The 2016 presidential campaign was one for the history books for sure. Some of the debates were epic in nature and perhaps impacted the outcome of the election in a way you may not realize.
Look back to the Republican debates featuring the outspoken Donald Trump versus the milder mannered Republican field of candidates. The first republican debate was actually held in August 2015 in Cleveland. It featured the top ten Republican candidates in the polls. Among those were Jeb Bush, Scott Walker, Mike Huckabee, Ben Carson, Ted Cruz, Marco Rubio, Rand Paul Chris Christie, John Kasich and Donald Trump. Nine of the candidates, for the most part, were polite, soft spoken and kept the typically expected political decorum of such a prestigious event. Then there was the one candidate, whom at the time was considered a very distant outsider with little chance of winning, Donald Trump, who came across more brash, harsh spoken and verbally critical of the other candidates and of many of the problems facing America.
The mainstream media instantly began berating Trump for his non-political style and for saying what many Americans felt for so long but didn’t hear any other candidate willing to say publicly. Political pundits far and near all said that Trump’s abrasive style would alienate voters and defeat his chances of getting very far in the election.
Many advised Trump to tone down his mannerisms and style if he wanted to get anywhere. But he didn’t.
In the first debate of 2016, held in January in North Charleston, the field of GOP candidates in the debate were down to seven – Jeb Bush, Ben Carson, Ted Cruz, John Kasich, Chris Christie, Marco Rubio and Donald Trump, Trump continued with his harsh abrasive and outspoken manner. The media and most political experts continued to lambast Trump for his style and he was continually warned to stop if he was serious about being elected. But he didn’t.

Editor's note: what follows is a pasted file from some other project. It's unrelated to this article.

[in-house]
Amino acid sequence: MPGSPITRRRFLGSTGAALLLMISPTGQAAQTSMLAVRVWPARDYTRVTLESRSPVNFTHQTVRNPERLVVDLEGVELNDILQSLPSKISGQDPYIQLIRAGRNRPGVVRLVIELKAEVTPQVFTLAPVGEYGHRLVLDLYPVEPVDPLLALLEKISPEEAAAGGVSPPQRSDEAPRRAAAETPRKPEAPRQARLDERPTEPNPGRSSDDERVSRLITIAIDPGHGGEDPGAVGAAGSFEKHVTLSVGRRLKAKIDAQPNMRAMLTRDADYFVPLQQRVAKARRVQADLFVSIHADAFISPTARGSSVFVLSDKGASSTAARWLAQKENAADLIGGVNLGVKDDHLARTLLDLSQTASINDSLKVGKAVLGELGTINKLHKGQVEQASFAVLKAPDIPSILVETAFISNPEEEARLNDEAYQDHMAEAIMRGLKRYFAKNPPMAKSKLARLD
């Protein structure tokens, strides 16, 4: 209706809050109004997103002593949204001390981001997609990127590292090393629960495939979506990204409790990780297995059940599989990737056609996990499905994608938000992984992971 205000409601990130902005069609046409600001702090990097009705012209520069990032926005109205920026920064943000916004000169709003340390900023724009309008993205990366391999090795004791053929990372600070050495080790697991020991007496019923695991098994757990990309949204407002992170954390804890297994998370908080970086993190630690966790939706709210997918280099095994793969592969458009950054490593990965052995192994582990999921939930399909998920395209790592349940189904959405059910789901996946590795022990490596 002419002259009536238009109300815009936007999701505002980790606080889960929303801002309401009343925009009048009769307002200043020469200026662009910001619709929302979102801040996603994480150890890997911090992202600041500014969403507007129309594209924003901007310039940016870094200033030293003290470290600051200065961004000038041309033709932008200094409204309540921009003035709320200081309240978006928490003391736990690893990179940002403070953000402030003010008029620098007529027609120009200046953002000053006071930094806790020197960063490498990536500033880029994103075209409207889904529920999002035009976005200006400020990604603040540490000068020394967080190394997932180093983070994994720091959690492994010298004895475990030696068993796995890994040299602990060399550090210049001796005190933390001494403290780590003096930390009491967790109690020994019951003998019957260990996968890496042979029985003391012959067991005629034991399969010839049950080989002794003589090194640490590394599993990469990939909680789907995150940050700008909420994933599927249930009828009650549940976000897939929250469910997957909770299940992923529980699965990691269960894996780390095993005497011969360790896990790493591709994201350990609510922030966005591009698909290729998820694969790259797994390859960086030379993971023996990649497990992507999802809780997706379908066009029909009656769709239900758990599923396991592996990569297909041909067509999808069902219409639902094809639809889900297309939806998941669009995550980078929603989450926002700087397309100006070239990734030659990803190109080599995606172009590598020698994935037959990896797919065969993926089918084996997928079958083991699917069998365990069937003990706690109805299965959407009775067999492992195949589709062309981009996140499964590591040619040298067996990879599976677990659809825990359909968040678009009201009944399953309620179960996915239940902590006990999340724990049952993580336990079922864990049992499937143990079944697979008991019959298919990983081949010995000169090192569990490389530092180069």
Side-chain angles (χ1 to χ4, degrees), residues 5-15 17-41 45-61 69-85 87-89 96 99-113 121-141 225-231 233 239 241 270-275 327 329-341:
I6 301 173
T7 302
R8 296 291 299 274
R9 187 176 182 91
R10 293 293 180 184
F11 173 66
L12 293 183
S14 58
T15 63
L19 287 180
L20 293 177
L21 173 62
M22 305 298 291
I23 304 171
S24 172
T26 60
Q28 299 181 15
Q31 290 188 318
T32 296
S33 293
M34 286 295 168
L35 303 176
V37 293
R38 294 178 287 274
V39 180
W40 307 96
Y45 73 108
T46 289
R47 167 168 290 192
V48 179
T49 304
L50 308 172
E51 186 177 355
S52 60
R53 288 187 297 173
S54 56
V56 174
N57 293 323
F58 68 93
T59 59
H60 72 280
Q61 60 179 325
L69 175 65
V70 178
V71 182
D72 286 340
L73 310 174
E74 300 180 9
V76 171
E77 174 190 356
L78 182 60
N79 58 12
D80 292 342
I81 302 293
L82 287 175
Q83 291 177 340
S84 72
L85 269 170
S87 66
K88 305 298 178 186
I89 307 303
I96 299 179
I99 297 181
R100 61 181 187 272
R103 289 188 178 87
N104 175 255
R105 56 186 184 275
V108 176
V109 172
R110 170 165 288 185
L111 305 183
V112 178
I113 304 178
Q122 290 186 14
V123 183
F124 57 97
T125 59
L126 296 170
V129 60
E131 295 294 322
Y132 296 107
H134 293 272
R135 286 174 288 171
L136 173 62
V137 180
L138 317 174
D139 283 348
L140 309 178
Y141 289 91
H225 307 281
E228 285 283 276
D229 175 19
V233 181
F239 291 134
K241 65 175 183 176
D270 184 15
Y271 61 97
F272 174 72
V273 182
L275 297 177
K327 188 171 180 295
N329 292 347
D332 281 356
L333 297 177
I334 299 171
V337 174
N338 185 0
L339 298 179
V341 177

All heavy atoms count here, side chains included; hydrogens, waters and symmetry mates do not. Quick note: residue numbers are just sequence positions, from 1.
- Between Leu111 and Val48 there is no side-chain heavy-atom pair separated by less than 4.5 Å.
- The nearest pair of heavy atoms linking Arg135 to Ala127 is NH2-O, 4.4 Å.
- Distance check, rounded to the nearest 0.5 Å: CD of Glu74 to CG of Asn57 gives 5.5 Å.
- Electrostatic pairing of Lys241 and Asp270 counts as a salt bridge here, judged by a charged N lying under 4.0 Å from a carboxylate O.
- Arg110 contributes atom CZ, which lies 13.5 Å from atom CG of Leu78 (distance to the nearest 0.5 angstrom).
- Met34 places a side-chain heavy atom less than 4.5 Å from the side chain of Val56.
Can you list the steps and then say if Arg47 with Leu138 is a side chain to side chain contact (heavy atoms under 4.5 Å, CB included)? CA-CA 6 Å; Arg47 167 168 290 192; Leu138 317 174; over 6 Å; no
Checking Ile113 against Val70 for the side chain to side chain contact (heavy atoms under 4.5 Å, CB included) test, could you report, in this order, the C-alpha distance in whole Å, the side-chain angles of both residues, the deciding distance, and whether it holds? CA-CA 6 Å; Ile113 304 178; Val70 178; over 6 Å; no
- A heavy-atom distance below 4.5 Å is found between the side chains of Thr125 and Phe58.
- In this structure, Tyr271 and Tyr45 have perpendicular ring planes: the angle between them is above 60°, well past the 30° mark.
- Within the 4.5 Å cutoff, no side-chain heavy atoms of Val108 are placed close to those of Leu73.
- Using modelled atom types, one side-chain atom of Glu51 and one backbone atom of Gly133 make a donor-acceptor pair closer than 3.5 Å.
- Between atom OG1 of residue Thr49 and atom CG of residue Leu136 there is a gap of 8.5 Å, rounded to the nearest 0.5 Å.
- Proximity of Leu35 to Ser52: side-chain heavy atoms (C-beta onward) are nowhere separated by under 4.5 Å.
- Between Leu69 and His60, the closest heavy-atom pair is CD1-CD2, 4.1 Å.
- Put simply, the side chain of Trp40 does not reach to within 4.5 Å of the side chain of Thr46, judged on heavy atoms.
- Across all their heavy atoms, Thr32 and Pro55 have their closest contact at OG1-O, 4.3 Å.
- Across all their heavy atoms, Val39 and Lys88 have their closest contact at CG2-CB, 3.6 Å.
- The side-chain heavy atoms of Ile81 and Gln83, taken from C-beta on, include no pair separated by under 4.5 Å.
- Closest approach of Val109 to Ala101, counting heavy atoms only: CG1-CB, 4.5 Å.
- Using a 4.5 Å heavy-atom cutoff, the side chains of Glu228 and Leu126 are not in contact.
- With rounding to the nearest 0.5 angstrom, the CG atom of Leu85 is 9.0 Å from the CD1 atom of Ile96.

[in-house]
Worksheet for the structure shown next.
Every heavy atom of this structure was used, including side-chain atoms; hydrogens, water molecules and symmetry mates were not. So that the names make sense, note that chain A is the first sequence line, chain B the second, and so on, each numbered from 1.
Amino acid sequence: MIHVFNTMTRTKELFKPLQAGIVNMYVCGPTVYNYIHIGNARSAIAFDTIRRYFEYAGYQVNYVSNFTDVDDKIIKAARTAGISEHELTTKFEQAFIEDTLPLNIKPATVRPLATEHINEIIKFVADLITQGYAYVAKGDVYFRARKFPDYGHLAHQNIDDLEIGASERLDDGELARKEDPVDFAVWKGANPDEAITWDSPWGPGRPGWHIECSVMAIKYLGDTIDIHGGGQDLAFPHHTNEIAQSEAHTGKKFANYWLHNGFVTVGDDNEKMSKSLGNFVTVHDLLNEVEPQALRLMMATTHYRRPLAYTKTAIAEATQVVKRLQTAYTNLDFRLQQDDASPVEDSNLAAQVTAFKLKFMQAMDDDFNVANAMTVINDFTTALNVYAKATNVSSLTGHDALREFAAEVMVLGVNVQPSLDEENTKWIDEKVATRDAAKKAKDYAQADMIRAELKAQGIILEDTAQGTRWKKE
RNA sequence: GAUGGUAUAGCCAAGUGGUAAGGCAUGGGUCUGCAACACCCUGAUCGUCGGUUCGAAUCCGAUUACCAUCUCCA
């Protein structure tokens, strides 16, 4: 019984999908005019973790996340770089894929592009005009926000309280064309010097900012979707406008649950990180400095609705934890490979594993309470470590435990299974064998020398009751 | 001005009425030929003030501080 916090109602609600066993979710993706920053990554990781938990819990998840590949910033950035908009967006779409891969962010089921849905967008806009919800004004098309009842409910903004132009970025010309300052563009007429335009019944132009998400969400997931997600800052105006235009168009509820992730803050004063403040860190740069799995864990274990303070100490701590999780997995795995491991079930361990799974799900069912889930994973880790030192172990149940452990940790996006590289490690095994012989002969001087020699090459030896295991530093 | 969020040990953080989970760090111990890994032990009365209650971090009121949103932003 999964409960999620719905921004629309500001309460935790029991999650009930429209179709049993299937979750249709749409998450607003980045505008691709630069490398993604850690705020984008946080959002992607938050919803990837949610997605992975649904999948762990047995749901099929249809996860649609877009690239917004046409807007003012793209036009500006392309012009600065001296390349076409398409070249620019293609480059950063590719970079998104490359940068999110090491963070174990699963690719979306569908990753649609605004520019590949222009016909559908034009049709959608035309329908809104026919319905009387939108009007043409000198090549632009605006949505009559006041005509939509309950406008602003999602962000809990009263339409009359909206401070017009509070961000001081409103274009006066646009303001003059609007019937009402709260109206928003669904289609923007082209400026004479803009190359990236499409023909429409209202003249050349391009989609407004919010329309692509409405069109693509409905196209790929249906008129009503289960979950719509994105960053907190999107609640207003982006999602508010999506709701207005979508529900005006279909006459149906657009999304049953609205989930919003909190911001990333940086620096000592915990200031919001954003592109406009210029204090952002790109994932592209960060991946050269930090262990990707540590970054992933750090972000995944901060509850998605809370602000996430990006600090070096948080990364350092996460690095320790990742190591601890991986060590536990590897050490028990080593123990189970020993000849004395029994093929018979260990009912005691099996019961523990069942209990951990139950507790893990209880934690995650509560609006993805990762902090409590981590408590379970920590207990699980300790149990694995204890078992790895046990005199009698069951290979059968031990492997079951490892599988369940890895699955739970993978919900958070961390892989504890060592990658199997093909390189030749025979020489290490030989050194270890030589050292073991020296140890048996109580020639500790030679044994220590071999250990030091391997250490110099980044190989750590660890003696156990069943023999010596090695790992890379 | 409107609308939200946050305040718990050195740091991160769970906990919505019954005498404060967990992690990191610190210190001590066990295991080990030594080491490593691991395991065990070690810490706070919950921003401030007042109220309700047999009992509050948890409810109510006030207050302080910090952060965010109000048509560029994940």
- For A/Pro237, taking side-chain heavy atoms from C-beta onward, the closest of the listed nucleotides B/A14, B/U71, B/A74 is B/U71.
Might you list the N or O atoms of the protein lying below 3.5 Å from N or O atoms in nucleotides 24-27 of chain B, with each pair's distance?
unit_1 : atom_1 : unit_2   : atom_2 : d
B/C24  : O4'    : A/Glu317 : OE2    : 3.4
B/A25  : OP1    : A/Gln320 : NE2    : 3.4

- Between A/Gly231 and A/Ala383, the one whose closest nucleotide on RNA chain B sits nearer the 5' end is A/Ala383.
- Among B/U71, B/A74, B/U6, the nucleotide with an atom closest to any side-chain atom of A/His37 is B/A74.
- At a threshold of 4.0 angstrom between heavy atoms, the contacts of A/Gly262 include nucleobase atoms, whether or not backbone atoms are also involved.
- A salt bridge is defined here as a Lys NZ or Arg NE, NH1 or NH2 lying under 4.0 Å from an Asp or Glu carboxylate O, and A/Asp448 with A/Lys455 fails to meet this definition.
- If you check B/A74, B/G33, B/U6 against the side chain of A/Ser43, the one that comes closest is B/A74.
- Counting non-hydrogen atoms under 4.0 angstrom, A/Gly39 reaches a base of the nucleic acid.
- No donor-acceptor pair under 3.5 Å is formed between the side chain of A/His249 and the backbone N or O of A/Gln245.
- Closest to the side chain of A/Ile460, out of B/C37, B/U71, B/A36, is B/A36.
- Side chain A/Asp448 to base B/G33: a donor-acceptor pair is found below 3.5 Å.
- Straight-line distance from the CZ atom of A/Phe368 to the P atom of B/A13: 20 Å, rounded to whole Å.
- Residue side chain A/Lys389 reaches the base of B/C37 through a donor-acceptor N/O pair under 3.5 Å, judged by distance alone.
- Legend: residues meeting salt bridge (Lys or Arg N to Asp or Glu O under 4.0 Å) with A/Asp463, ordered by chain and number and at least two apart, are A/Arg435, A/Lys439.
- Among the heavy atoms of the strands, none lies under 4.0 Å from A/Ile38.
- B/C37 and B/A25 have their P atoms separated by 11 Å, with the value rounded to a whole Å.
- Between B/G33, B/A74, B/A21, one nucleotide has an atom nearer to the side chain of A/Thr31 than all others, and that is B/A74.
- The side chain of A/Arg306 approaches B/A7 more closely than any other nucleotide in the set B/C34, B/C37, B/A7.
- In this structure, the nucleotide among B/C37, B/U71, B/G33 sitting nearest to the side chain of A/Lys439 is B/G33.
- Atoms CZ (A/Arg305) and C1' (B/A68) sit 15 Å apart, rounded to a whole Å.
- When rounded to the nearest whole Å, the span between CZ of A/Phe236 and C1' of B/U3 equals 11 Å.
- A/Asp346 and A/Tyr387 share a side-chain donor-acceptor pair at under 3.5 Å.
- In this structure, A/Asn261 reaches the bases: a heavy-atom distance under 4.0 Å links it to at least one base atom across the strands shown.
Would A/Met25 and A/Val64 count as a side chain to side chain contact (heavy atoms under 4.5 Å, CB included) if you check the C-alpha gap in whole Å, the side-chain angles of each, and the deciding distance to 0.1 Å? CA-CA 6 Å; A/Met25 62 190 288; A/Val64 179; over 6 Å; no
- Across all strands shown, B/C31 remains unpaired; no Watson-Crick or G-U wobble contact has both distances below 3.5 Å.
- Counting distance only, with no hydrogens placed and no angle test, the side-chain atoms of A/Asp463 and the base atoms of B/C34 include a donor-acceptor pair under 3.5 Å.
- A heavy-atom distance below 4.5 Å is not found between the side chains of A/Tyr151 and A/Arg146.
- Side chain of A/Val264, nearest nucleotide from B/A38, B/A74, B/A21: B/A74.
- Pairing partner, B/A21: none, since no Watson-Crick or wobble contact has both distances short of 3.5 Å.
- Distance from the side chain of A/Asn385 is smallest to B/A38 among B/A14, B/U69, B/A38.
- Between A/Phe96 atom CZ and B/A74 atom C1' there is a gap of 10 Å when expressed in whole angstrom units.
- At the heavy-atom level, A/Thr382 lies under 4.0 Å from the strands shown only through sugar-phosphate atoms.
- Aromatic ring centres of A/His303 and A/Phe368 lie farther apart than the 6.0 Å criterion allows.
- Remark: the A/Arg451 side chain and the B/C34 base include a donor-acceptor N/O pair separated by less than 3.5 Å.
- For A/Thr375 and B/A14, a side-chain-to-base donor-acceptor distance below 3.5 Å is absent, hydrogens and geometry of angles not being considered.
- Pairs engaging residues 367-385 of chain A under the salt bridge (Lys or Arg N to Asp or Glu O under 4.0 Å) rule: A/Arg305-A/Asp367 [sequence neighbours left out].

Guess, what, they were all wrong!
Just prior to the second presidential debate between Hillary and Trump, Professor Maria Guadalupe, an associate professor of economics and political science at French business school INSEAD, began to wonder what would happen if roles and manners were reversed.
In late January, Guadalupe conducted a mock debate in which she switched the gender roles for Clinton and Trump to see what would happen. When the female debater became the brash aggressor, she was favored over her male counterpart.
When their mock debate featured a female version of Trump and male version of Clinton, they were surprised at what they learned. Professor Joe Salvatore from NYU, commented:
“People were really able to see the techniques that Trump was using. The repetition of a certain idea. The simplicity of a message.
“One audience member described the Trump message as she was able to hear it as hummable lyrics, while Clinton may have had well-researched information, but there was no hook.”
Guadalupe said the mock debate may have revealed why Donald Trump pulled off one of the greatest upsets in American political history. Through all of Trump’s harsh and alleged abrasive personality, people listened, remembered and supported him. Part of his surprising victory was his message and evidently part of his victory was also his personality.